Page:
Conjoined twins are classified according to the place on the body where the twins are connected.
The model of the conjoined twins shown has two heads and one body. These twins are classified as dicephalus conjoined twins (twins with two heads and one body).
Conjoined twins born alive do not always survive long. Of course their chance for survival depends on the development of their vital organs.
The dicephalus conjoined twins model represents a very extraordinary set of twins. These are the Hensel twins and they are very special in many ways: Scientifically, they are the only known dicephalus twins that have two sets of organs from about their belly button upward. At 19 years old at the time of this writing, the girls are healthy and very active.
Abigail and Brittany (left to right) are two very different people. Each have their own special personality.
My first introduction to these girls was on a science TV program. I admit that I was shocked when I saw them. I’d never seen anyone with two heads, so I was naturally a bit startled. But by the end of the one hour program, I discovered that I was no longer watching out of curiosity because they were conjoined but because I was interested in the girls.I found myself looking directly at the girls as they spoke as I would if two separate people were on the screen.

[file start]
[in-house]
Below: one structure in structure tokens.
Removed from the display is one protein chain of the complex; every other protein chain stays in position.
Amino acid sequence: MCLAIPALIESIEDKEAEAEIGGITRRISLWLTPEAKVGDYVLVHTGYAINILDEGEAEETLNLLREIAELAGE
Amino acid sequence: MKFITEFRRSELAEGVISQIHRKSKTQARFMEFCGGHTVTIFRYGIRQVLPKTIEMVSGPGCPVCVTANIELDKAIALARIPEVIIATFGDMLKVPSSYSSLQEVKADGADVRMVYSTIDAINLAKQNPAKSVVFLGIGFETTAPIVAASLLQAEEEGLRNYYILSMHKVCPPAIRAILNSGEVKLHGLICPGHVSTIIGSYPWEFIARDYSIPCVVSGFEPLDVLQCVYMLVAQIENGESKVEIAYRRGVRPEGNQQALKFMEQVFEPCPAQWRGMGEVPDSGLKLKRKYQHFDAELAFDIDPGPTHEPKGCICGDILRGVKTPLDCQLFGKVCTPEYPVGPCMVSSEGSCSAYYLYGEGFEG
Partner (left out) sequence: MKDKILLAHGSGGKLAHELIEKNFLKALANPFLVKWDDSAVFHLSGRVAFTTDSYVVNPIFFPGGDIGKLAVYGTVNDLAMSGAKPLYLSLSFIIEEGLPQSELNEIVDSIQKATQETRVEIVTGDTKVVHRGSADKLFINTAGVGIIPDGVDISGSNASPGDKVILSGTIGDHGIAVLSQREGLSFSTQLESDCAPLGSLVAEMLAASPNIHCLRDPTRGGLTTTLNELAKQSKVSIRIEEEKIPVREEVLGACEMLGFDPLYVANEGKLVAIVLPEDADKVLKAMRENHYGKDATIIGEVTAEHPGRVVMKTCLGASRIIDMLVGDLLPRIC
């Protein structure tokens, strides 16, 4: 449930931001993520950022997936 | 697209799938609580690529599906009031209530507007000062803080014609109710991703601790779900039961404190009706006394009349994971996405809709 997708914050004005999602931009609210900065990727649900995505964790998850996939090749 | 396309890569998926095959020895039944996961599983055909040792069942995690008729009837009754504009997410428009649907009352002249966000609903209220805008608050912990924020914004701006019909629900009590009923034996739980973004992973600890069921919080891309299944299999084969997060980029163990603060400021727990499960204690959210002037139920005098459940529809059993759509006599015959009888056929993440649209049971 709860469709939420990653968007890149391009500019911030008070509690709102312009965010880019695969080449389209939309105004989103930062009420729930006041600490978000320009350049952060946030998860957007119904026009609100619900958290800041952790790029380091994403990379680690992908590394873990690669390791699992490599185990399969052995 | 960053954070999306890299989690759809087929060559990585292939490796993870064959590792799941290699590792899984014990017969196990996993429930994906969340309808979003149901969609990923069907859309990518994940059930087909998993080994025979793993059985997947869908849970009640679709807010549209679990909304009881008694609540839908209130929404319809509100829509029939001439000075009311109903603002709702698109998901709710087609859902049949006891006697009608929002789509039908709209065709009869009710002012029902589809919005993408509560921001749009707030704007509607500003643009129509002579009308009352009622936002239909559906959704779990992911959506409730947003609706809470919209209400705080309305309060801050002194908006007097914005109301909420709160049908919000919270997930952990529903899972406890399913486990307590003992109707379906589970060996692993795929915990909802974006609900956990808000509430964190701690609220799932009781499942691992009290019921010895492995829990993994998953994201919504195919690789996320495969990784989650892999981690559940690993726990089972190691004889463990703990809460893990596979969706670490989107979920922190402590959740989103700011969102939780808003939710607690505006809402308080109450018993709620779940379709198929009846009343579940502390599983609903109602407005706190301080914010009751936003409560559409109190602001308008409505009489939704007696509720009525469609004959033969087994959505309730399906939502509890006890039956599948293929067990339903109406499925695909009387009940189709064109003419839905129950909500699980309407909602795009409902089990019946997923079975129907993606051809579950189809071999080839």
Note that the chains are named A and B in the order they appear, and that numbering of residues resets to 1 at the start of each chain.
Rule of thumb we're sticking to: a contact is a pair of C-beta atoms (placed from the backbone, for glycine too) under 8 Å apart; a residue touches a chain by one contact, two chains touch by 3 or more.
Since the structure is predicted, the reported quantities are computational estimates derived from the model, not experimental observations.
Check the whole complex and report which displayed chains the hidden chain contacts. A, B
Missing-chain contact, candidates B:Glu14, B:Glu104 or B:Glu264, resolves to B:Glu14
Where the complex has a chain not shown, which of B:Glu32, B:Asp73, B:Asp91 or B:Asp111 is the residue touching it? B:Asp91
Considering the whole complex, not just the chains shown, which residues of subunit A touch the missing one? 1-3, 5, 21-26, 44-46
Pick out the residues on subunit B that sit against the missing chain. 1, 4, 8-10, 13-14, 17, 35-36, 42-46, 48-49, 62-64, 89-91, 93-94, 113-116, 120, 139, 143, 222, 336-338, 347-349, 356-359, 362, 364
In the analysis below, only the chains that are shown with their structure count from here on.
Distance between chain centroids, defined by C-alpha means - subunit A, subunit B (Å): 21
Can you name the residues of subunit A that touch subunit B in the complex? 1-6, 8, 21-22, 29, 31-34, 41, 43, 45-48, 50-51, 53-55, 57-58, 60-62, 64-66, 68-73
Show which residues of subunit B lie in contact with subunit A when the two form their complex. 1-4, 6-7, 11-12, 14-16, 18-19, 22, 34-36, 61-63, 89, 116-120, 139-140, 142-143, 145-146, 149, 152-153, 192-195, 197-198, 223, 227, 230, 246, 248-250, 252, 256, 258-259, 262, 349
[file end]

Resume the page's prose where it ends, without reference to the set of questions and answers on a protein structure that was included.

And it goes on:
As I find out more about these twins the more I feel connected to them. Its almost as if I really know them. I gave some thought to writing about them because I don’t want to present them as what some would consider “freaks.” Not so. In fact, they are a real delight and I know you will find them as witty, cute, and interesting as I do.
I am including the diagram of how conjoined twins form. When the Hansel twins are asked how they got the way they are, their answer is,
“This is how God made us.”
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The video gives bits and pieces of the girls’ life.